Friday, January 21

Not all omega-3s have the same effects on heart health, find out what the science says



Omega-3 fatty acids are associated with numerous benefits for general health, and are considered an essential nutrient for brain function. They are simply essential to function properly, they shine for their anti-inflammatory properties, they are a good ally in the prevention of cancer, they protect cardiovascular health and if that were not enough they are a powerful natural antidepressant.

Based on this, one of the main health recommendations is to bet on increase consumption of the best dietary sources of foods rich in omega-3, as with fatty fish, nuts, seeds, olive oil and avocado. However complementary to the diet, many people opt for the daily intake of omega-3 supplements, with the aim of enhancing its medicinal benefits in the body. Omega-3 supplements typically contain a combination of eicosapentaenoic acid (EPA) and docosahexaenoic acid (DHA). However, several studies and scientific references have recently come to light, which confirm that only the presence of a high dose of eicosapentaenoic acid (EPA), is effective in reducing the risks of cardiovascular diseases. Therefore experts have concluded that not all omega-3s are unanimous for heart health.

According to recent findings, only a large amount of EPA in the blood ensures good cardiovascular health, while a high dose of DHA appears to block the beneficial effects of EPA. Therefore, research suggests that taking supplements with a combination of EPA and DHA may negate any potential health benefits of EPA.

What is known so far:

There are three types of omega-3 fatty acids: EPA, DHA and ALA. Naturally bioavailable EPA and DHA (that is, those that the body has the ability to absorb) are found abundantly in shellfish, particularly in the variety of fatty fish such as salmon, sardines and mackerel. On the other hand, the omega-3s of the ALA type, found predominantly in plant sources such as chia seeds, walnuts, and flax seeds. As an aside, it is striking to know that the human body is capable of converting a small amount of ALA into EPA or DHA.

According to the Office of Dietary Supplements (ODS), most people in the United States get enough ALA naturally in their diet, but the amount of EPA and DHA is generally unknown. The truth is that there are multiple sources of evidence in which it is verified that people who consume a good amount of shellfish are less susceptible to cardiovascular symptoms.

In addition, experts point out that although the intake of omega-3 supplements in the form of capsules or tablets is prevalent today, the health benefits of these are not well proven. In contrast, research has shown that a high dose of EPA in a person’s diet significantly reduces the likelihood of heart disease, including strokes, heart attacks, and heart failure. But in the case of the combined consumption of EPA and DHA, no such evidence was seen.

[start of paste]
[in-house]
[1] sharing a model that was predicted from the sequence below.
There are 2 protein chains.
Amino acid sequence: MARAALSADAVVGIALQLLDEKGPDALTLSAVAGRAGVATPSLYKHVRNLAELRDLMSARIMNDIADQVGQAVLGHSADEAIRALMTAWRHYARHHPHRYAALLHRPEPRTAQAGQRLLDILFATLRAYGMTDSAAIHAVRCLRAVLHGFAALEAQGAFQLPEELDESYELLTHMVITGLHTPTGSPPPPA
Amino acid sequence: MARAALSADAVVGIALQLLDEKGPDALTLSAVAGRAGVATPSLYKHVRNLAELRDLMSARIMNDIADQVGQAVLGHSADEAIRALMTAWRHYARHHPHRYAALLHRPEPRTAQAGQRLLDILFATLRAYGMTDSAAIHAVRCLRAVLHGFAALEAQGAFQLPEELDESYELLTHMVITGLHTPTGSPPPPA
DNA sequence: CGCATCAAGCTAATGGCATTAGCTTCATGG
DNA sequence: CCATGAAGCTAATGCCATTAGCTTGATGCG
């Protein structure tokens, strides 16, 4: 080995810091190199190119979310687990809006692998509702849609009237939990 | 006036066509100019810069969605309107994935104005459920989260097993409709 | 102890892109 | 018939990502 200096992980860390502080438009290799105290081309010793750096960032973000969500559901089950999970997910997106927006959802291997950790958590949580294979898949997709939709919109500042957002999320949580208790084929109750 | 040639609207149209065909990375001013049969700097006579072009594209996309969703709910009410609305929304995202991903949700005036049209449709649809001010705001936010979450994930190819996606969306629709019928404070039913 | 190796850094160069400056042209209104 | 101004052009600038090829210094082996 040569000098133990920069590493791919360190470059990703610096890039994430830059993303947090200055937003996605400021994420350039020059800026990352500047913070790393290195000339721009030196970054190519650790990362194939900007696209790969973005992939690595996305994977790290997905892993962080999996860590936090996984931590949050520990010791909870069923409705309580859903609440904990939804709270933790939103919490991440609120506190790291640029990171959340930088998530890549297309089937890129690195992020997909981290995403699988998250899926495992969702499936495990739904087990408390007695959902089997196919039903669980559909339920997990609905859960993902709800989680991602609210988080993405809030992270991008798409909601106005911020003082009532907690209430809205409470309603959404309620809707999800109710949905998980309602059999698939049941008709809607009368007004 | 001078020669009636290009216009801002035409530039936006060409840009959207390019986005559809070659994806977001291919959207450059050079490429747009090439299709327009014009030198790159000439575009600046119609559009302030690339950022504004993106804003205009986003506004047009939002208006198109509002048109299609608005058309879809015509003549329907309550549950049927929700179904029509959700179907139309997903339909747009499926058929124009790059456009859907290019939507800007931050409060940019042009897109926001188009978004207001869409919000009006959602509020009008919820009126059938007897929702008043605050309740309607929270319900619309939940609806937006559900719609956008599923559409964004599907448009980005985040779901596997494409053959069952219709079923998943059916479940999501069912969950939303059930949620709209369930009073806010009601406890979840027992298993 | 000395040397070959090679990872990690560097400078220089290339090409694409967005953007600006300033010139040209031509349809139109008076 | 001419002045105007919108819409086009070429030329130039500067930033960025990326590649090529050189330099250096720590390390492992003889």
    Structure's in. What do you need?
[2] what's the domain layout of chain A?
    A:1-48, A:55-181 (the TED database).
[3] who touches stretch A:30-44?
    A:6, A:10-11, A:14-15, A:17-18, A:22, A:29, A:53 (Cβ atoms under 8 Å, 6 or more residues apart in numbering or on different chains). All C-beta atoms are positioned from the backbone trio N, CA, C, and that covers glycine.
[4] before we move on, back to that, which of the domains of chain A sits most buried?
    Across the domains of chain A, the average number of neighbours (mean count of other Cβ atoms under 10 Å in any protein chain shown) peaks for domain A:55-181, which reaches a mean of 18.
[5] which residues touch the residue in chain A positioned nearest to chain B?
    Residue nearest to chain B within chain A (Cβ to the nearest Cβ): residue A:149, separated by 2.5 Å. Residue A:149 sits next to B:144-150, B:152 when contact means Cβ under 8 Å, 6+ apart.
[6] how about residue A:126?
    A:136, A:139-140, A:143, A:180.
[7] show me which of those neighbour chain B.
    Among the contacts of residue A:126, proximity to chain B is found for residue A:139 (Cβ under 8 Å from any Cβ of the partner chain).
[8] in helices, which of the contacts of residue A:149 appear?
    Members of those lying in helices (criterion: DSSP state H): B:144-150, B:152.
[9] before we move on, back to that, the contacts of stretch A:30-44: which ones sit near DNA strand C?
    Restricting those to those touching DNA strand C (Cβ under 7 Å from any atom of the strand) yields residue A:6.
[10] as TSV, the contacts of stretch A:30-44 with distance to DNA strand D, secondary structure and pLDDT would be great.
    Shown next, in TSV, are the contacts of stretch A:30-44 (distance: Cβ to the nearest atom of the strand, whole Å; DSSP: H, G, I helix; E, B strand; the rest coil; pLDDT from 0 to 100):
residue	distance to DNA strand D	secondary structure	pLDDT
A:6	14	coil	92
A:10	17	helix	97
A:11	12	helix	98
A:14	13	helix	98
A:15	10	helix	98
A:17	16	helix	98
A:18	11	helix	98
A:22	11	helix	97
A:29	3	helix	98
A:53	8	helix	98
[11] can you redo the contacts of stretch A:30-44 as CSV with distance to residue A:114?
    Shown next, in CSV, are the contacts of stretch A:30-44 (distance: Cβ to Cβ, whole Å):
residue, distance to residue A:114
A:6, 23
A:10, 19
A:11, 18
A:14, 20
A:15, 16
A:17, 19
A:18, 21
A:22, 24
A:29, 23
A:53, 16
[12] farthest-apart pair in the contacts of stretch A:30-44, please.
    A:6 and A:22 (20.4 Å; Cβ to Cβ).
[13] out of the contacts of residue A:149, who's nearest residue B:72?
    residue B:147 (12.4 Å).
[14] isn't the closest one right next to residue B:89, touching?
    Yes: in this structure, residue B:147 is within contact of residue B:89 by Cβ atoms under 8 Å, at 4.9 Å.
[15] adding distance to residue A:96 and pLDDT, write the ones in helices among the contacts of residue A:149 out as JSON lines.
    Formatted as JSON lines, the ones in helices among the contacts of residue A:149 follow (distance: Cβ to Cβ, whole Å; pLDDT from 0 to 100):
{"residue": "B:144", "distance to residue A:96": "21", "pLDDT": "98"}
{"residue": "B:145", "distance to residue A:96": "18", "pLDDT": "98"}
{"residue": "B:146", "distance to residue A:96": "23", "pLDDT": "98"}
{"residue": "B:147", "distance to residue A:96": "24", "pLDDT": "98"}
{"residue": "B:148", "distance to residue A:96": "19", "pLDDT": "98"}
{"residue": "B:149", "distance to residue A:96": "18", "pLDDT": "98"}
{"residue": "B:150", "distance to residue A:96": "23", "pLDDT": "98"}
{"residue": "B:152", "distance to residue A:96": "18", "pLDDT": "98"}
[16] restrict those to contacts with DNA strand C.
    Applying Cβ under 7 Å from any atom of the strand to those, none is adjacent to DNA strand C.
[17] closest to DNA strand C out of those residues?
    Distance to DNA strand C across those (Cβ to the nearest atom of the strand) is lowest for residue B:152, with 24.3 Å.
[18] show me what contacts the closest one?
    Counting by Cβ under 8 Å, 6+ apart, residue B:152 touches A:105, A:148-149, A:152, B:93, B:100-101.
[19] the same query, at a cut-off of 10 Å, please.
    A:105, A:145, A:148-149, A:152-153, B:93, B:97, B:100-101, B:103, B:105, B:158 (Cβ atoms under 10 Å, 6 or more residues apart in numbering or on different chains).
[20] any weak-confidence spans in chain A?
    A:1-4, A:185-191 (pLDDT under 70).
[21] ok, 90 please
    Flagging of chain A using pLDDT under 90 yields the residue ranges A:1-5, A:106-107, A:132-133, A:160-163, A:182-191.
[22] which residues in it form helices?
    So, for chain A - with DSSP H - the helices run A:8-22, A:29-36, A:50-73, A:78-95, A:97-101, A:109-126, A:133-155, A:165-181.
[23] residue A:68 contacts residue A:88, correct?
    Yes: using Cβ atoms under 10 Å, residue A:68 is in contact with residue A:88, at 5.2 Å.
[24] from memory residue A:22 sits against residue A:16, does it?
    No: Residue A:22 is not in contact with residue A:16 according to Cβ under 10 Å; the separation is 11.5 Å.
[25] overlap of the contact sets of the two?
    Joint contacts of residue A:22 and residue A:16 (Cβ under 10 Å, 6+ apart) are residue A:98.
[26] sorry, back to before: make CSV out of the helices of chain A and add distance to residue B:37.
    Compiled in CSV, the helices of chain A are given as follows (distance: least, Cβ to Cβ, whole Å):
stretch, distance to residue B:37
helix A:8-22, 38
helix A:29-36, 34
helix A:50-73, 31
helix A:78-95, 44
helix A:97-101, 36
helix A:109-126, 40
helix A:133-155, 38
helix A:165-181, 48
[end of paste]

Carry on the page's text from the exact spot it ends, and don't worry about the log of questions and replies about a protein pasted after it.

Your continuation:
To better understand the effects of omega-3 levels in the blood and to complement the study, data was collected from the INSPIRE Registry of Intermountain Healthcare. In which 35,000 blood samples from 25,000 people and their medical data were included. To complement the study, random samples of 987 patients who underwent a heart scan at Intermountain Healthcare between 1994 and 2012, and their plasma level was tested for DHA and EPA levels. It is worth mentioning that the average age from which the samples were collected was 61.5 years, and during the health examination, 41% were obese and 42% had severe coronary artery disease.

What was striking is that over the next ten years, 31.5% of all participants were diagnosed with cardiovascular conditions such as heart attack and heart failure, conditions capable of causing the death of patients. As a unique finding, it was observed that those who had a high volume of EPA in their blood during the initial evaluation were less likely to face such cardiovascular emergencies. In addition, it was found that the risk of cardiovascular disease was much higher in people who had a high combination of DHA and EPA in the blood, compared to those who only had EPA.

Another unique and very valuable piece of information is that the findings remained constant. even after taking into consideration any underlying disease Previous such as severe coronary artery disease or chronic obstructive pulmonary disease (COPD) and heart failure. These findings are the basis to suggest that the best path is through the consumption of foods that contain high levels of omega-3, however, The consumption of omega-3s in the form of artificial supplements is not recommended.

The best of all is that foods rich in omega-3s will only increase the supply of essential nutrients in the diet and they benefit health in many ways. They are a great ally to combat depression and anxiety, reduce the risks of developing metabolic syndrome, fight inflammation, are associated with less mental deterioration and improve liver function.

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